Deformation mechanisms and ductility enhancement in core-shell Cu@Ni nanoporous metals
LJ He and N Abdolrahim, COMPUTATIONAL MATERIALS SCIENCE, 150, 397-404 (2018).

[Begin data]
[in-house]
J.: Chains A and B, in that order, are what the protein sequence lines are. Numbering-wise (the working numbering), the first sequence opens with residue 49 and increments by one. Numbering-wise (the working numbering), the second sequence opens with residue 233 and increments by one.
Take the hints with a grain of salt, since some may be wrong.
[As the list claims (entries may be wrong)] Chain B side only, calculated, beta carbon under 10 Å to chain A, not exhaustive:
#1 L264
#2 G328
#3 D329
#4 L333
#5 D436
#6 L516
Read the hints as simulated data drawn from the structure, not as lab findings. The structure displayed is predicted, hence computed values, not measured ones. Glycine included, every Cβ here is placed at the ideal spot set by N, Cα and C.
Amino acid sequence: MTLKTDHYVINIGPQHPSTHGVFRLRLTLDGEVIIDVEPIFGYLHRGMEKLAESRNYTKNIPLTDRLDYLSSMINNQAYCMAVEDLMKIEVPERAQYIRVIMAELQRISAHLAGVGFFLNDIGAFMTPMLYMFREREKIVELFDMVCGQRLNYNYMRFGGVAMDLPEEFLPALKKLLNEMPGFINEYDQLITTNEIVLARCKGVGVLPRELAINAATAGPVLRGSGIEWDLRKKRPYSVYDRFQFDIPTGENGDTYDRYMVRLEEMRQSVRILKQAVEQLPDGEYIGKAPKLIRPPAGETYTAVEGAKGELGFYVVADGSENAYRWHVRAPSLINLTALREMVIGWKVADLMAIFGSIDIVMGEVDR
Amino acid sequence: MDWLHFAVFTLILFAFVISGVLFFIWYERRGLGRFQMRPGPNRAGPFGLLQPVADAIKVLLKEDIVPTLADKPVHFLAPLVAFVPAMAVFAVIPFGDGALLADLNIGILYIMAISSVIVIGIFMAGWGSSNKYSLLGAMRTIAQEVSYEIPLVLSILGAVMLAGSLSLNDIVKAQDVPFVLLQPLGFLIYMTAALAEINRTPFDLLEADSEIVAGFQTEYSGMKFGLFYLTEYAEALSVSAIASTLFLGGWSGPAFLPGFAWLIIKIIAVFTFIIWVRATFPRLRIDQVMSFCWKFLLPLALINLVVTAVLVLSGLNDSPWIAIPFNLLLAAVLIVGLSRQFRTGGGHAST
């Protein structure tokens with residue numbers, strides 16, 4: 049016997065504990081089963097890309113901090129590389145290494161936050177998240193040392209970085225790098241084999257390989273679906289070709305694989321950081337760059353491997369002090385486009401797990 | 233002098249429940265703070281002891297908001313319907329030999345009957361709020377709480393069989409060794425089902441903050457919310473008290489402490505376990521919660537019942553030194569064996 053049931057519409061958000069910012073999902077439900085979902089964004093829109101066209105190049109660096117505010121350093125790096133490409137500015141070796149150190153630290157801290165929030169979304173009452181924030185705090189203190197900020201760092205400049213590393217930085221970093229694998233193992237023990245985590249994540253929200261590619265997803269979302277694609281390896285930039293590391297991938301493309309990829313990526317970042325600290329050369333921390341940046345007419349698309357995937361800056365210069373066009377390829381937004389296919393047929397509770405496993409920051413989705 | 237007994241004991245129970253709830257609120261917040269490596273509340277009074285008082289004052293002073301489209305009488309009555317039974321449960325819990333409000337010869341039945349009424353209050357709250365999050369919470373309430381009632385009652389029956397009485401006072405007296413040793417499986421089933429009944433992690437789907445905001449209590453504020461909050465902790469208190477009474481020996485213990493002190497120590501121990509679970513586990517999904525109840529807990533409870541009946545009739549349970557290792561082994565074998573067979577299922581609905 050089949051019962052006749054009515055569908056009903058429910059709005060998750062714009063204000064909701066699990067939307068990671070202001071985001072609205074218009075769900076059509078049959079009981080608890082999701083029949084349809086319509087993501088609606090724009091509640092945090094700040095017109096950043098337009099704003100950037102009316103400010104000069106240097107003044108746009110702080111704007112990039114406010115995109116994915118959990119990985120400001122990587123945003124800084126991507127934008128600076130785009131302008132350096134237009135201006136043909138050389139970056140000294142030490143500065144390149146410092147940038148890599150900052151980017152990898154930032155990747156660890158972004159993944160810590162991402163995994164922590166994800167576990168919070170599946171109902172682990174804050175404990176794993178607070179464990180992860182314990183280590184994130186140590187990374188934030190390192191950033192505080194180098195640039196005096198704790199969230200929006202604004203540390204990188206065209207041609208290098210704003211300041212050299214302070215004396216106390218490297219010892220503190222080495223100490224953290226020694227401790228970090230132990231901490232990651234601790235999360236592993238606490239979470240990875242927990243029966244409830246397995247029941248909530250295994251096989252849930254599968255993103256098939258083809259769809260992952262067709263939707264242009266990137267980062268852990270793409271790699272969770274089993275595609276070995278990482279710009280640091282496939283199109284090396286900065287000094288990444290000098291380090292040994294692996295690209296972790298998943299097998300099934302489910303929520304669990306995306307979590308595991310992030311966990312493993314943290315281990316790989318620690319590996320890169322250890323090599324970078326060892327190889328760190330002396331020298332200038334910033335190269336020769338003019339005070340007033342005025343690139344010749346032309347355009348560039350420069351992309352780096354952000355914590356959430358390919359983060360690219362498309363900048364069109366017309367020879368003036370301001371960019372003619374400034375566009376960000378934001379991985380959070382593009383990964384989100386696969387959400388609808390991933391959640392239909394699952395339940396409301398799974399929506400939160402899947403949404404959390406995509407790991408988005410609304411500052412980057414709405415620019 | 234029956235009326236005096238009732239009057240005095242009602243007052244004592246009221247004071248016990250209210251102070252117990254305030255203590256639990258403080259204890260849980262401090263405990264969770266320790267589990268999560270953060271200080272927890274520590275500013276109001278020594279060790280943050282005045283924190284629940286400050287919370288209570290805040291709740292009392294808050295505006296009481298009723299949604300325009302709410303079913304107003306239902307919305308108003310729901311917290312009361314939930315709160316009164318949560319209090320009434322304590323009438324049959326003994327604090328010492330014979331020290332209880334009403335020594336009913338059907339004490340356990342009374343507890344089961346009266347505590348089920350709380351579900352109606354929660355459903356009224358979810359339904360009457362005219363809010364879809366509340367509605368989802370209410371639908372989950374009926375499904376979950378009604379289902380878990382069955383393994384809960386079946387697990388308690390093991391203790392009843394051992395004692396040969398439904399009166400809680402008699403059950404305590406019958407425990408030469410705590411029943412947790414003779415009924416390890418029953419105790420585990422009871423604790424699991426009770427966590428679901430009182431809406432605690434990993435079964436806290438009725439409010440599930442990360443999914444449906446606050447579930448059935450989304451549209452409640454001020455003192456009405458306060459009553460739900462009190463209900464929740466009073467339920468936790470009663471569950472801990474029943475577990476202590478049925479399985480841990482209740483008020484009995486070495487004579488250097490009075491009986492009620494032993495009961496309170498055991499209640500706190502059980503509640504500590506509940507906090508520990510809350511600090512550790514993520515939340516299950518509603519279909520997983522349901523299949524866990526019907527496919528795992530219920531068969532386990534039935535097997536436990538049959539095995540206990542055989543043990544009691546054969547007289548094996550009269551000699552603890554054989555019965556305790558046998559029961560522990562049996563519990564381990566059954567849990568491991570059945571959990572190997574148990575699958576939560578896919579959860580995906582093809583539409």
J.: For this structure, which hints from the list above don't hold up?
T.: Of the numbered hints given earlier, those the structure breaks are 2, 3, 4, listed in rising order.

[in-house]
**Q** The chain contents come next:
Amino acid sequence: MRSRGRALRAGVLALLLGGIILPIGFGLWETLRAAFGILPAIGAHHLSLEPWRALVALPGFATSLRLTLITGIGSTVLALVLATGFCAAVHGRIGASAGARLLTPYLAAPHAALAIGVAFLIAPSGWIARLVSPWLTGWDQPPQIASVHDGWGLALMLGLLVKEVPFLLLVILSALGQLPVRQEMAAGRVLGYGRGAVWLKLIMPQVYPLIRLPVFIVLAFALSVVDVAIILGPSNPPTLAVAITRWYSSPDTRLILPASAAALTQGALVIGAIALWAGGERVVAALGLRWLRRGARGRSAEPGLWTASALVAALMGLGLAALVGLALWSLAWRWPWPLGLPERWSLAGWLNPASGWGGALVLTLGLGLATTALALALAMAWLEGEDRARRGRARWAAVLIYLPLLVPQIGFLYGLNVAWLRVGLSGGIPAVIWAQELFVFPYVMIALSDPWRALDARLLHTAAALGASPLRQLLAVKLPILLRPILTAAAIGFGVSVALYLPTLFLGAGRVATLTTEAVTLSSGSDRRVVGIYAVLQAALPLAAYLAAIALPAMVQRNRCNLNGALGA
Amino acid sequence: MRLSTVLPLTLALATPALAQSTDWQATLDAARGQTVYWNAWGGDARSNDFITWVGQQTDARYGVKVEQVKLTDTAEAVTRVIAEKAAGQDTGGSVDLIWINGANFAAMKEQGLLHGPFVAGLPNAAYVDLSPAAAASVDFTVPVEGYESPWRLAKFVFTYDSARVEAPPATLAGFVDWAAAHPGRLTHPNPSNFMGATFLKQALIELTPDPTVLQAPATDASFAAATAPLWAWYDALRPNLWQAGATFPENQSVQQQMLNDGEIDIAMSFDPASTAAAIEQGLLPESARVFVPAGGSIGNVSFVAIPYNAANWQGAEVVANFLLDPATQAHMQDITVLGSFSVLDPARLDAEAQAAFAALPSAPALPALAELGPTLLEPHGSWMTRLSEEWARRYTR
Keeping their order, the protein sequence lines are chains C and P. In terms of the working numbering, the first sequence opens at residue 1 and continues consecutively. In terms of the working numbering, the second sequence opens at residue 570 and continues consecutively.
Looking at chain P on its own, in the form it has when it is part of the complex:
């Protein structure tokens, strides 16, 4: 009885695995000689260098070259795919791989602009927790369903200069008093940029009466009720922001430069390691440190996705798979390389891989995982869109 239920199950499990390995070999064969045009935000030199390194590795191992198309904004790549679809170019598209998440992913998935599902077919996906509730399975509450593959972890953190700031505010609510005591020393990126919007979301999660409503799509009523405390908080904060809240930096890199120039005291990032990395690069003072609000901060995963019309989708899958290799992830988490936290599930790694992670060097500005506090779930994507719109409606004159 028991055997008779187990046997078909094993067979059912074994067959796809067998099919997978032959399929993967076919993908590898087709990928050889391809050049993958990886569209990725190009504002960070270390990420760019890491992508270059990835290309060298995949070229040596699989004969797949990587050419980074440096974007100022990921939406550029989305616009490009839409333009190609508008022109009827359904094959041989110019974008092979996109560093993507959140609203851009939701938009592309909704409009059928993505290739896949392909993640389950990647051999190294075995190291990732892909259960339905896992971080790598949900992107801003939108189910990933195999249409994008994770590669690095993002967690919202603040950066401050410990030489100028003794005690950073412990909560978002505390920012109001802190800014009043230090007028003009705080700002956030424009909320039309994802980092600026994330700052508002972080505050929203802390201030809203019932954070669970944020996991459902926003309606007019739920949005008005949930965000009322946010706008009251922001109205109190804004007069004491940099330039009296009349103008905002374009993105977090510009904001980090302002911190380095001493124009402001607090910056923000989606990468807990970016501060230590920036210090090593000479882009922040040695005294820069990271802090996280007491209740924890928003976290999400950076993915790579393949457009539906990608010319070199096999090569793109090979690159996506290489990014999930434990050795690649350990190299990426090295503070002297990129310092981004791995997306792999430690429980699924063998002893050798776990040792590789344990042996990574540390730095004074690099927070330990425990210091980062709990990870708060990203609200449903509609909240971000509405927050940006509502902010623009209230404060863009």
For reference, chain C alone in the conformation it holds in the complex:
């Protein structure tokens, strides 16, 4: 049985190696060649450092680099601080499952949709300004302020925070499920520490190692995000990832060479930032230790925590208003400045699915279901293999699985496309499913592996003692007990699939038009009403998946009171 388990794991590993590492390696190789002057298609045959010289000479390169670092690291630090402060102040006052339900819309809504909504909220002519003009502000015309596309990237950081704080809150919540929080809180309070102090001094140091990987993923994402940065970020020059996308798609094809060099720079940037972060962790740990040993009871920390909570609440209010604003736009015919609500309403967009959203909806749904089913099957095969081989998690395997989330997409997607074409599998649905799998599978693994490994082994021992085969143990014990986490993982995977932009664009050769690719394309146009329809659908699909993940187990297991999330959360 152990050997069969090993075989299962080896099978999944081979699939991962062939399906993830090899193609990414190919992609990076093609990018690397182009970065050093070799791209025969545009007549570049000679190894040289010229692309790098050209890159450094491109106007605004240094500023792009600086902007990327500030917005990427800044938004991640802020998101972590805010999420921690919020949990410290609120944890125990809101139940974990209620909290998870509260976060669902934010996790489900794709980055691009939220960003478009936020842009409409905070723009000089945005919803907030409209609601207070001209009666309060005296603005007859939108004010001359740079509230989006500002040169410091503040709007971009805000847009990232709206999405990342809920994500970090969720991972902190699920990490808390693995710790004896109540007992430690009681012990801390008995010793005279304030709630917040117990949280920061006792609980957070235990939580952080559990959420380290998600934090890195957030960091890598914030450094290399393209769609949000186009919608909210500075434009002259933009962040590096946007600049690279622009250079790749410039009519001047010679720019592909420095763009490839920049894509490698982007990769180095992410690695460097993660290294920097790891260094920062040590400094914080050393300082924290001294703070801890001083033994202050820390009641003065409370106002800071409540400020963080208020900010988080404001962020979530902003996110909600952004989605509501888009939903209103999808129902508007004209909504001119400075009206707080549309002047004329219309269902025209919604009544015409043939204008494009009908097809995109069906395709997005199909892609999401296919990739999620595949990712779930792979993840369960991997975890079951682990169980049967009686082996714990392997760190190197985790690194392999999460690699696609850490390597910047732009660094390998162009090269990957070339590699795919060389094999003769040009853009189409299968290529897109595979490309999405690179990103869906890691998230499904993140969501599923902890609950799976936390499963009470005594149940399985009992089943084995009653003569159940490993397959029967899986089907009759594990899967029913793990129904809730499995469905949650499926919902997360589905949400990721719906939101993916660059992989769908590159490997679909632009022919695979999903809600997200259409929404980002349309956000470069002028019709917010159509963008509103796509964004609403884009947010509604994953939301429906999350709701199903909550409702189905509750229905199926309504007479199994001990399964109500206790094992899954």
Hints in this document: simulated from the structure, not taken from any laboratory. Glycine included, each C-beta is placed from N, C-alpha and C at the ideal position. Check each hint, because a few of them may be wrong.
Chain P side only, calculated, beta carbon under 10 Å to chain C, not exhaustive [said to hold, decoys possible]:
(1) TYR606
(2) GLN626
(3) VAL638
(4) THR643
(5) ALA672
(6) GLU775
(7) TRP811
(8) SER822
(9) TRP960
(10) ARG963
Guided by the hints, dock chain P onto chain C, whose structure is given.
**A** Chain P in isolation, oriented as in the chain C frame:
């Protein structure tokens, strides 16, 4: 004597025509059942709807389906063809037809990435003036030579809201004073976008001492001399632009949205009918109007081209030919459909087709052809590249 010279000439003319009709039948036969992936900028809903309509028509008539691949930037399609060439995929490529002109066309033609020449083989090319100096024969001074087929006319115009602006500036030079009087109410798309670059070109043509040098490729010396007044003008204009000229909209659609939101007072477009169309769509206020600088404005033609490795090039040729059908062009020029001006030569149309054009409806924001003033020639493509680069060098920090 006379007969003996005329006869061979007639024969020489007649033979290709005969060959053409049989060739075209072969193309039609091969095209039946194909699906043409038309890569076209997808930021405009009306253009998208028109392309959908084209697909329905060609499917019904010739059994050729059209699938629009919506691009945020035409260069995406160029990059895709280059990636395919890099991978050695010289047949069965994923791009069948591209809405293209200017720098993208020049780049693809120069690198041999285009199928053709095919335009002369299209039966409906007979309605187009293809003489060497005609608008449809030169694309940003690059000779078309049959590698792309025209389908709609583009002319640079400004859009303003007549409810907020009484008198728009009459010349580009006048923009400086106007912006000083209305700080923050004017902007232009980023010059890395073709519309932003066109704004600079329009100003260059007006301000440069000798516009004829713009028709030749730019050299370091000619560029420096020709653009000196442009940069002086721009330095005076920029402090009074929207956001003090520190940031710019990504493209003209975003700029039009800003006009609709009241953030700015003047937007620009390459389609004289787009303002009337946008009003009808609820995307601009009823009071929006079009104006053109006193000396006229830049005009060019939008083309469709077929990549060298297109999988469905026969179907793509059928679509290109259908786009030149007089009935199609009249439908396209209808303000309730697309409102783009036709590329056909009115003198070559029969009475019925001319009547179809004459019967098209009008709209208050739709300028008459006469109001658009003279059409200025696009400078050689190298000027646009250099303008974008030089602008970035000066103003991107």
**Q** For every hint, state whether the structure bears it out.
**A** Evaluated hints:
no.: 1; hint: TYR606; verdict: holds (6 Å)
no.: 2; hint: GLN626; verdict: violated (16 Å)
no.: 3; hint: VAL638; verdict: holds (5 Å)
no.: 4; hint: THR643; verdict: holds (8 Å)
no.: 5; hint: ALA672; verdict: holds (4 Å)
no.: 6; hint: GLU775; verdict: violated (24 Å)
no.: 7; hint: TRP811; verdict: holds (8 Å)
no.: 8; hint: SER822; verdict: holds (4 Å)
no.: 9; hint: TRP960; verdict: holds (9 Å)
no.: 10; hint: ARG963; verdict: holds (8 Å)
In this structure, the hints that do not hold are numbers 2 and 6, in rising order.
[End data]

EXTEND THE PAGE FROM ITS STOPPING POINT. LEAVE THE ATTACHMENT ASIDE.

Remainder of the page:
In recent years, studies have shown that Nanoporous (NP) metals deform in a relatively brittle manner under tensile loading. We investigated the mechanical performance of NP structures under tensile loading using atomistic simulations. We compared the stress strain curves for two types of NP structures: a single crystal Cu NP structure and a core- shell Cu NP structure with a coating layer of Ni. Our results suggested that the core-shell structure exhibits increased Young's modulus and yield strength, probably due to the addition of the stiffer Ni atoms. The core-shell structure also exhibits an extensive enhancement in ductility with decreased strain-softening rate, reduced strain localization and delayed ultimate failure of the structure. Our simulations revealed that the enhancement of ductility could be attributed to three different mechanisms: the energy barrier of the coherent interface hindering dislocation movements, and increased accumulation of sessile dislocations as well as the nucleation and propagation of twin boundaries in connecting nodes in core-shell structure compared to single crystal Cu NP. All these mechanisms worked collectively and resulted in a stronger and more ductile NP metal.
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